Why are there no ordered dictionaries?

Bengt Richter bokr at oz.net
Wed Nov 23 02:53:46 CET 2005


On Tue, 22 Nov 2005 20:37:40 +0100, Christoph Zwerschke <cito at online.de> wrote:

>One implementation detail that I think needs further consideration is in 
>which way to expose the keys and to mix in list methods for ordered 
>dictionaries.
>
>In http://aspn.activestate.com/ASPN/Cookbook/Python/Recipe/107747
>the keys are exposed via the keys() method which is bad. It should be a 
>copy only, like for ordinary dicts (one comment also mentions that).
>
>In Foord/Larosa's odict, the keys are exposed as a public member which 
>also seems to be a bad idea ("If you alter the sequence list so that it 
>no longer reflects the contents of the dictionary, you have broken your 
>OrderedDict").
>
>I think it would be probably the best to hide the keys list from the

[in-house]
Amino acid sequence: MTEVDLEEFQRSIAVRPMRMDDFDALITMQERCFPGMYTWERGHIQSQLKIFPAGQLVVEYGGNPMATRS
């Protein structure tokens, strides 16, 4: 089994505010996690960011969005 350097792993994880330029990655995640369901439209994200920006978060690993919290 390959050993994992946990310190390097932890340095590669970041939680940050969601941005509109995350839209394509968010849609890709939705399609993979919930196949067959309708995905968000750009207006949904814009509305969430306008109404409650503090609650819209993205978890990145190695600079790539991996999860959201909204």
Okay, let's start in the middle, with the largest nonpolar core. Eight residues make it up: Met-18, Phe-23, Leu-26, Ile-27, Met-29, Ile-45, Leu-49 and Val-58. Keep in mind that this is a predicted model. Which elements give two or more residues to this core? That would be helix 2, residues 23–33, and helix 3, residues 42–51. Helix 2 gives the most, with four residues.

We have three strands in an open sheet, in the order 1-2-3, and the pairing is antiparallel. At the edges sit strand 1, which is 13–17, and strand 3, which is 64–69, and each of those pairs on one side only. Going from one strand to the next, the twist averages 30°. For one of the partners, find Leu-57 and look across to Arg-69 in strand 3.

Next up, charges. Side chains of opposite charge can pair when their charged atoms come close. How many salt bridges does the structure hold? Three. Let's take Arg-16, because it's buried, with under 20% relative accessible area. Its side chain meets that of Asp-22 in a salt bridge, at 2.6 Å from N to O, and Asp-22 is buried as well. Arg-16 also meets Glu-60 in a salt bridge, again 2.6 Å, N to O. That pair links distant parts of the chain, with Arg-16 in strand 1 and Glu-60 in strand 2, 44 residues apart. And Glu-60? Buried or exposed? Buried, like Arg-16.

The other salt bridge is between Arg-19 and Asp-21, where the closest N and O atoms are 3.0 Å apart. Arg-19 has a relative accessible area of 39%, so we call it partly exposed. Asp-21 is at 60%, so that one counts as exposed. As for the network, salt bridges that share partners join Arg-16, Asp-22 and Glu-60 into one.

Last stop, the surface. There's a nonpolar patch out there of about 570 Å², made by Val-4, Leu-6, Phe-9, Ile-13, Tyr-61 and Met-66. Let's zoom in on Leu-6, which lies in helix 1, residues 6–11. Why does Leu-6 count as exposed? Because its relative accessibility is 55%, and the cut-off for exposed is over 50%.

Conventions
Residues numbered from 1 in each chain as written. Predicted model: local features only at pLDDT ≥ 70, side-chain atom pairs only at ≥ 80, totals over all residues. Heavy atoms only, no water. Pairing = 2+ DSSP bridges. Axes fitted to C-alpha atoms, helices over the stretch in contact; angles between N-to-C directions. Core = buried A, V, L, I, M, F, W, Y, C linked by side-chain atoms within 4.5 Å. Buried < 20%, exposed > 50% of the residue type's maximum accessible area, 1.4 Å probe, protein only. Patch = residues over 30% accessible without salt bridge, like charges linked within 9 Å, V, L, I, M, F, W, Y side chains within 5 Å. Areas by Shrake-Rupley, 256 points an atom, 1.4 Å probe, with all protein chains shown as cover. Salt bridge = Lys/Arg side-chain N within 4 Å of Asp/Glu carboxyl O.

>public, but to provide list methods for reordering them (sorting, 
>slicing etc.).
>
>For instance:
>
>d1 = OrderedDict( (1, 11), (2, 12), 3, 13) )
>
>d1[1:] ==> OrderedDict( (2, 12), 3, 13) )
>
>d1[0] + d1[2] ==> OrderedDict( (1, 11), (3, 13) )
>
>d1.reverse() ==> OrderedDict( (3, 13), (2, 12), 1, 11) )
>
>d1.insert(1, (4, 14))
>     ==> OrderedDict( (1, 11), (4, 14), (2, 12), 3, 13) )
>
>etc.
>
>But no other way to directly manipulate the keys should be provided.
>
 >>> from odictb import OrderedDict
 >>> d1 = OrderedDict([(1, 11), (2, 12), (3, 13)])
 >>> d1
 {1: 11, 2: 12, 3: 13}
 >>> d1[1:]
 {2: 12, 3: 13}
 >>> d1[0:1] + d1[2:3]
 {1: 11, 3: 13}
 >>> d1.reverse()
 >>> d1
 {3: 13, 2: 12, 1: 11}
 >>> d1.insert(1, (4,14))
 >>> d1
 {3: 13, 4: 14, 2: 12, 1: 11}
 >>> d1.items()
 [(3, 13), (4, 14), (2, 12), (1, 11)]
 >>> d1.keys()
 [3, 4, 2, 1]
 >>> d1.values()
 [13, 14, 12, 11]
 >>> d1[1:2]
 {4: 14}
 >>> d1[-1:]
 {1: 11}

Que mas?

Regards,
Bengt Richter



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